Keyhole Cave

May 15th, 2020

Length: 4.8 miles

Route Type: Out & Back

Elevation Gain: 1,942 ft

Dog Friendly: Yes (I wouldn’t bring a dog if you are hiking up into the cave)

Fee: No

Restrooms at trailhead: No


To get to Keyhole Cave from any location is fairly easy. Most map/navigation apps for the phone should work. Just enter Sugarloaf Trailhead as your destination. The parking lot itself is very small so I would recommend getting there early.


You have probably seen a picture of a beautiful cave in Sedona and wondered where it was. There was this beautiful cave we kept seeing pictures of that looked like a keyhole, so we decided to adventure to find this cave. With some google searches, we found out that the name of this cave is Keyhole Cave. However, google doesn’t offer a lot of information on how to get to this cave. Eventually we found the trailhead you need to take.

This cave is very hard to find. At least for us it was. Once you get to the parking lot of Sugarloaf Trailhead you will be able to see the cave in the red rocks. From the parking lot it doesn’t look like the cave will be all that hard to get to. But once you start getting closer to the red rocks, the cave becomes harder to see. We started on Teacup Trail and followed it for about .5 miles. You will pass signs for Thunder Mountain Trail, but you will continue onto Teacup Trail. At this point you will notice that the Teacup Trail continues to go right, but if you look left there is something that looks like a path. We turned left and continued to follow this “path”. I used AllTrails for guidance and once you turn left you will notice that you are no longer on Teacup trail. Instead you will be going completely off trail. Obviously this makes it hard to know where you are supposed to go because there isn’t any signage or a path to follow. We kept going hoping we would get close enough to the red rocks to be able to see where the cave was.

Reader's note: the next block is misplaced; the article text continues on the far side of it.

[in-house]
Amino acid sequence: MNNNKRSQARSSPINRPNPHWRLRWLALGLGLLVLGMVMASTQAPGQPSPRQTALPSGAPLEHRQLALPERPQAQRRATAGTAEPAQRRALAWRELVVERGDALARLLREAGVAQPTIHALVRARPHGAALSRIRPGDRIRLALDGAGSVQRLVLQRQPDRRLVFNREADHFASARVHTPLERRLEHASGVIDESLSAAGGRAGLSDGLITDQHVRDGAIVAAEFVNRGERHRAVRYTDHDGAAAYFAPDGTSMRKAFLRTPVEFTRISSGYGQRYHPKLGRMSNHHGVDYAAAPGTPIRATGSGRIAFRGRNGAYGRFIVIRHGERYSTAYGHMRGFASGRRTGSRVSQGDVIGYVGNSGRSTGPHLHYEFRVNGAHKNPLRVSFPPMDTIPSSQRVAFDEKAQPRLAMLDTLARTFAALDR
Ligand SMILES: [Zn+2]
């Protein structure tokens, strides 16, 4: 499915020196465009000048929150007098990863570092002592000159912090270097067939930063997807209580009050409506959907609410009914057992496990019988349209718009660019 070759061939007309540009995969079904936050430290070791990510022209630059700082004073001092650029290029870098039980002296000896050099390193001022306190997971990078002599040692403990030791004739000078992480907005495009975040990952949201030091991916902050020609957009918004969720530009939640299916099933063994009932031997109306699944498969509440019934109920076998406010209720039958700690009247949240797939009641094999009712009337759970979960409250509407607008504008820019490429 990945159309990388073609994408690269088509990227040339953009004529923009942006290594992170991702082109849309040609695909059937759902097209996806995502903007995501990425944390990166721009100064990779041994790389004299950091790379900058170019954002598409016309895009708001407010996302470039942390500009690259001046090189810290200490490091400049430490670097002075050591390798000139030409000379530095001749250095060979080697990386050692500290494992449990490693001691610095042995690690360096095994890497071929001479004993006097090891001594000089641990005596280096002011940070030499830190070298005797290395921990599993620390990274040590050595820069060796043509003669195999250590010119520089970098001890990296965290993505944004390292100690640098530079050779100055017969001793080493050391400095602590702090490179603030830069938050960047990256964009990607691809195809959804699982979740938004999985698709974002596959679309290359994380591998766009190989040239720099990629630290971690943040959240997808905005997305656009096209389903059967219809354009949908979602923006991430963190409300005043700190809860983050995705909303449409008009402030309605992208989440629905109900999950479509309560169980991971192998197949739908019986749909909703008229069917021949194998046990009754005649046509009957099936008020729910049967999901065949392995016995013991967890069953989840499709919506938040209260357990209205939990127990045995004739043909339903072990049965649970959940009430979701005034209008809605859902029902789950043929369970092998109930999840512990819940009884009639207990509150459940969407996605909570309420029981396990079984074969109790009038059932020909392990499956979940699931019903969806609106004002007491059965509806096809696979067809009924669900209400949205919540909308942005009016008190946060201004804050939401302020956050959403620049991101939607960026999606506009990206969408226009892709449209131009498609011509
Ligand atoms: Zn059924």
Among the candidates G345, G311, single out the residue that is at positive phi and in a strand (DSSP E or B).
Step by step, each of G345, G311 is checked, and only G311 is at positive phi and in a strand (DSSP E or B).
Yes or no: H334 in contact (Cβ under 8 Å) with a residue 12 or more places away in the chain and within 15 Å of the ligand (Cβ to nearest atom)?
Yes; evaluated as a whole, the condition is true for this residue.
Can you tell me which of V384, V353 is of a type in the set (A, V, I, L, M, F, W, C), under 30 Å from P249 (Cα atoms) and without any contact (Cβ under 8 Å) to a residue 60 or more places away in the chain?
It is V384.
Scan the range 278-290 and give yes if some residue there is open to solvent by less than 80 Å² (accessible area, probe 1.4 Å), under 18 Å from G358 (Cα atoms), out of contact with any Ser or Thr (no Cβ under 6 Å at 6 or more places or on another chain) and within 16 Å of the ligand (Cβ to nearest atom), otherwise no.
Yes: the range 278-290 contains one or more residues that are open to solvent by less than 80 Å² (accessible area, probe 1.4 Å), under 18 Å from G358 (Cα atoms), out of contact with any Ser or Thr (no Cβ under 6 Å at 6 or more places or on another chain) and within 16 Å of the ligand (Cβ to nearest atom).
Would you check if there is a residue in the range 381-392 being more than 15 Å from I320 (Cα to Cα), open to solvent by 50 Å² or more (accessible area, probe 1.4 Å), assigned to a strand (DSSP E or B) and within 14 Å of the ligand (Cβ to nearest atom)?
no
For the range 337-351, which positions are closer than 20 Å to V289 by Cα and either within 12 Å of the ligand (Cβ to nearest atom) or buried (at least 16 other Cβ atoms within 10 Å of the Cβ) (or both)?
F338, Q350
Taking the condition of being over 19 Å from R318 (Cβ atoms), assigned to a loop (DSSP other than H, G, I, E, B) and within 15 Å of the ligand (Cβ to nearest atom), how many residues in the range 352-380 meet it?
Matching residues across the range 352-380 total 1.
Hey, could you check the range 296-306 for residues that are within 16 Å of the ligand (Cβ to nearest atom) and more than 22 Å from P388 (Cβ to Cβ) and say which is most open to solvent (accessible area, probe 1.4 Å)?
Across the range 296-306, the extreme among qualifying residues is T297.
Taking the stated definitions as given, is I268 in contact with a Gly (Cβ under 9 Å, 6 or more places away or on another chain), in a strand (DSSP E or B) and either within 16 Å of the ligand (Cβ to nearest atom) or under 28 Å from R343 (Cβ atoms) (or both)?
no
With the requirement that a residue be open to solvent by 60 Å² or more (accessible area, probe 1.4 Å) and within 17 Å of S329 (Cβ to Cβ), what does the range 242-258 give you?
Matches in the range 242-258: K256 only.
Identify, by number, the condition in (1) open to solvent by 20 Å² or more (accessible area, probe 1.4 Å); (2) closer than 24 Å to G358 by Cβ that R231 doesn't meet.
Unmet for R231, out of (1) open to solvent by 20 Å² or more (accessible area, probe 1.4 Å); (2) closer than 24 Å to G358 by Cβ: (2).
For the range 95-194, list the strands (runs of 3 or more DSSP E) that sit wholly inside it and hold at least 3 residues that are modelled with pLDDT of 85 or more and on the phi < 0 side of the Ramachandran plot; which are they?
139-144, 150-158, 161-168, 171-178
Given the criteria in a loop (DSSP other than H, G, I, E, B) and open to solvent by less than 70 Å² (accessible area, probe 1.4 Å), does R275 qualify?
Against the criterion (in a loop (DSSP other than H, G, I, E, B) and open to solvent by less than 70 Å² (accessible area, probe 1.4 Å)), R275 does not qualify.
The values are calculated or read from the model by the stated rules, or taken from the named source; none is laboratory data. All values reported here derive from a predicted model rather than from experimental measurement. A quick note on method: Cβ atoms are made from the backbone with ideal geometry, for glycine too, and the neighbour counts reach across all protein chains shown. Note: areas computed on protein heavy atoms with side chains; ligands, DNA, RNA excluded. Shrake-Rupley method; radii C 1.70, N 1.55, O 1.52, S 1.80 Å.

You can see Keyhole Cave from the start of the trail
Stay on Teacup Trail

We accidentally ended up going too far to the west and couldn’t even see where the cave was anymore. We saw a cave that looked like it could be it so we started hiking up to that. It was 1 mile from where we went off trail to get to this cave. I started climbing up into this cave and Owen stayed back because he couldn’t get the right footing. I got about halfway up and realized that there is no way this is it. I definitely started to get a little worried, especially because there was no easy way back down. PLUS there was a giant prickly pear cactus waiting to catch me if I fell. I eventually got down, feeling a little defeated because we couldn’t find where this cave was. However, we decided to continue on our search for Keyhole Cave. We decided to go more to the east, to see if Keyhole Cave was on the other side of this unknown cave. We had to climb up some pretty steep, loose rocks. Once we got up it felt like we were in the right area. We climbed over some big boulders and once we got around the corner we saw the cave! Victory dance!